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Posted on January 4, 2022 by in Training

Should Instructors Learn How To Run Pistol-Mounted Red Dot Sights?

More and more students taking defensive pistol courses are showing up with pistols sporting a Red Dot Sight (“RDS”). The RDS can really be a boon to older shooters whose vision is on the decline and offer some real advantages to shooters young and old when shooting targets at longer distances. 

Some instructors are fond of the saying: “If it is not broke, don’t fix it.” They may correctly state that concealed carriers have been defending themselves with iron-sighted handguns for decades as the distances at which most civil-sector gunfights take place, which is likely less than the length of two cars. I believe that their take on the subject is valid. Iron sights have proven to work very well at these distances. However, the following is also most likely true:

  • There are students who simply want a RDS on their pistol. We can turn them away or take their money with the understanding that those same students may leave our class unprepared to competently use their handgun to defend themselves. I can only imagine the fear that a concealed carrier might feel facing a violent criminal offender pointing a pistol in his or her direction who is unable the locate the red dot in the RDS screen because they had not learned how to establish and maintain a proper grip. 

  • There are students out there that are unable to see their iron sights due to eye issues. I was fast getting to that point myself and at one time thought that I might need to stop teaching. A combination of a prior radial-keratotomy, LASIK eye surgery, and cataracts had brought me to the point that I was literally seeing one fuzzy front sight stacked on top of another fuzzy front sight. I barely passed the shooting qualification portion of the Rangemaster Advanced Handgun Instructor course in 2018, and my vision continued to worsen after that. I was extremely fortunate to undergo eye surgery in 2019 by one of the best eye surgeons in Texas and can now function again quite well with iron sights, but I will always remember the frustration I felt struggling to make hits at anything past about ten yards under perfect light conditions.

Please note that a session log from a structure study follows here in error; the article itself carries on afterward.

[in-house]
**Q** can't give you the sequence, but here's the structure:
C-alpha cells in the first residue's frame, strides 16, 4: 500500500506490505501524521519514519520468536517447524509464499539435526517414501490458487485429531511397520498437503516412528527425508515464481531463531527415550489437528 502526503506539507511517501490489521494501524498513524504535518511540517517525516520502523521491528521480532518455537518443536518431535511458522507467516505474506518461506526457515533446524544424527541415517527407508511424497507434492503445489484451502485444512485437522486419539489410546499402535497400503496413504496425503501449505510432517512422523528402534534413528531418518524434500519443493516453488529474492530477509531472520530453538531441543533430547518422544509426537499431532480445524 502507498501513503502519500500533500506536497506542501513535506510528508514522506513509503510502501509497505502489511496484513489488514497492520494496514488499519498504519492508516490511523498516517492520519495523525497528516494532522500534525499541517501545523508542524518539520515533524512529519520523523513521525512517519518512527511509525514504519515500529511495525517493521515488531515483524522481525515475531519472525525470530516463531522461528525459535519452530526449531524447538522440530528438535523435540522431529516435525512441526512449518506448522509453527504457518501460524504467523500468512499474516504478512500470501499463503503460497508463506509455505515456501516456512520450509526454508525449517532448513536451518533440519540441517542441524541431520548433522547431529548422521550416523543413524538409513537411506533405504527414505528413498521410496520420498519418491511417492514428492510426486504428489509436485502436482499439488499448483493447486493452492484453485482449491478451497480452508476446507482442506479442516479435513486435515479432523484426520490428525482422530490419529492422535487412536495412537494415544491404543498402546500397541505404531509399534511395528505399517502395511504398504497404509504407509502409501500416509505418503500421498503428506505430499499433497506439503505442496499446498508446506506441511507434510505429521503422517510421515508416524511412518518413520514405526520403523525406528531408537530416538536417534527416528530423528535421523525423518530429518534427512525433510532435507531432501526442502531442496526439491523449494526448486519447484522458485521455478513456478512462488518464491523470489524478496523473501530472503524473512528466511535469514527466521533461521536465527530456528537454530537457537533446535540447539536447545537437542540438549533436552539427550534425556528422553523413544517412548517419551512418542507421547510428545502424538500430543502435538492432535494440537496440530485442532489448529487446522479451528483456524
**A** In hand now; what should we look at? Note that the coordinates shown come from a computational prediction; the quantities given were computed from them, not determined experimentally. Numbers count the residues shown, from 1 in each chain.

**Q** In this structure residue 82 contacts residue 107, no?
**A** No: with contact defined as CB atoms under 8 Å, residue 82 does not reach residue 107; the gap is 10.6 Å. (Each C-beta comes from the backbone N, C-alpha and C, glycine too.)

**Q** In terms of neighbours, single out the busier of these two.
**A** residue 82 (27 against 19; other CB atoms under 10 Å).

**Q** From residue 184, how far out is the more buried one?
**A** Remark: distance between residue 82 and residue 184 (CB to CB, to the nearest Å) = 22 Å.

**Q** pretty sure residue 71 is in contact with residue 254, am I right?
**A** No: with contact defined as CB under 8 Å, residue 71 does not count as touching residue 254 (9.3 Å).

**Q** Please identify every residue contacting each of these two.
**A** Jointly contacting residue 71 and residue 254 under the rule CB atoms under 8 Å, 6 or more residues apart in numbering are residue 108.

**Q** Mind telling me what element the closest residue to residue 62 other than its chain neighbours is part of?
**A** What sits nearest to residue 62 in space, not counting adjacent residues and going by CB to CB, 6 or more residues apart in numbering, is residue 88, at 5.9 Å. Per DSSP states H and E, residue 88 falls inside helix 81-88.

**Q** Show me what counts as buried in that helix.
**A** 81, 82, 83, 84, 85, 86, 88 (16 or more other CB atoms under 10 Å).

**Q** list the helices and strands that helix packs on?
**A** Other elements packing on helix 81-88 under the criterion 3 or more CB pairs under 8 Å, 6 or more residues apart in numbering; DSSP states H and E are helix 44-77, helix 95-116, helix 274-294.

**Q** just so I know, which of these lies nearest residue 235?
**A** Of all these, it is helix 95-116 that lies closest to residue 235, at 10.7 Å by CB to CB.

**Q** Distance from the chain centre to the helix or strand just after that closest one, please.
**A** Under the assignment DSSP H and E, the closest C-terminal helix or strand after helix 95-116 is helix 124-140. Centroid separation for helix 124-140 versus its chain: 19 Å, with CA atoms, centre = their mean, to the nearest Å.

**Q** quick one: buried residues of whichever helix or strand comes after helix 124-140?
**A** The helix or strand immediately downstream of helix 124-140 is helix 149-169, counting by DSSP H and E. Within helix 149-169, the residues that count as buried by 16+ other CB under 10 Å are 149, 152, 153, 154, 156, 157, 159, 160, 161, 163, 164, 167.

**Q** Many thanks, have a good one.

• Another advantage to learning how to run a RDS for instructors is the fact that by learning to do so competently they are likely to find that they have developed a more efficient and economical draw stroke. The draw stroke with a RDS is one that eliminates unnecessary movements that cause the dot to disappear from the screen during the act of aligning the dot with the target. For the most part, the front sight on an iron-sighted pistol remains somewhere in our field of vision as soon as we have two hands on the pistol and start to drive the muzzle towards the target. This makes it relatively easy to make corrections in the alignment on the way so that by the time we reach full extension the front sight is where it is supposed to be. While these small corrections may seem to be insignificant, they certainly can eat up time. I found that I eliminated close to .25 seconds on my draw to shot and made better hits using an iron-sighted pistol as a result of cleaning up my draw. Why do I consider this to be important? I had to be taught by someone else how to properly draw a pistol sporting a RDS who described how to do it, demonstrated how to do it, ran me through drills in which I was forced to make small but meaningful adjustments to my draw stroke and grip, and made corrections and offered feedback as necessary. The final result was that not only had I become a better shooter; I had become a better instructor. I give some small credit to myself for making the decision to learn how to both run a RDS and instruct others in its use, and I give enormous credit to the instructor whose class I chose to attend. I attended a law-enforcement only red dot sight instructor course taught by Scott Jedlinski (often referred to as “Jedi”) of Modern Samurai Project. Jedi is a FTA member and highly respected instructor who teaches concealed carriers, law enforcement officers, and even certain military units that are new to the RDS system. Jedi is a USPSA Master class shooter whose students have included the US Marshals Service, NYPD Instructor Cadre, Chicago SWAT, Ohio Tactical Officers Association, Texas Tactical Officers Association, US Border Patrol, and the FBI National Tactical Training Unit. 

In summary, there appears to be much to gain and little to lose for instructors who learn how to effectively use a RDS whether they personally intend to carry one or not. The only downside is the additional cost and the inevitable dings to the ego during the initial learning phase. I have managed to survive both.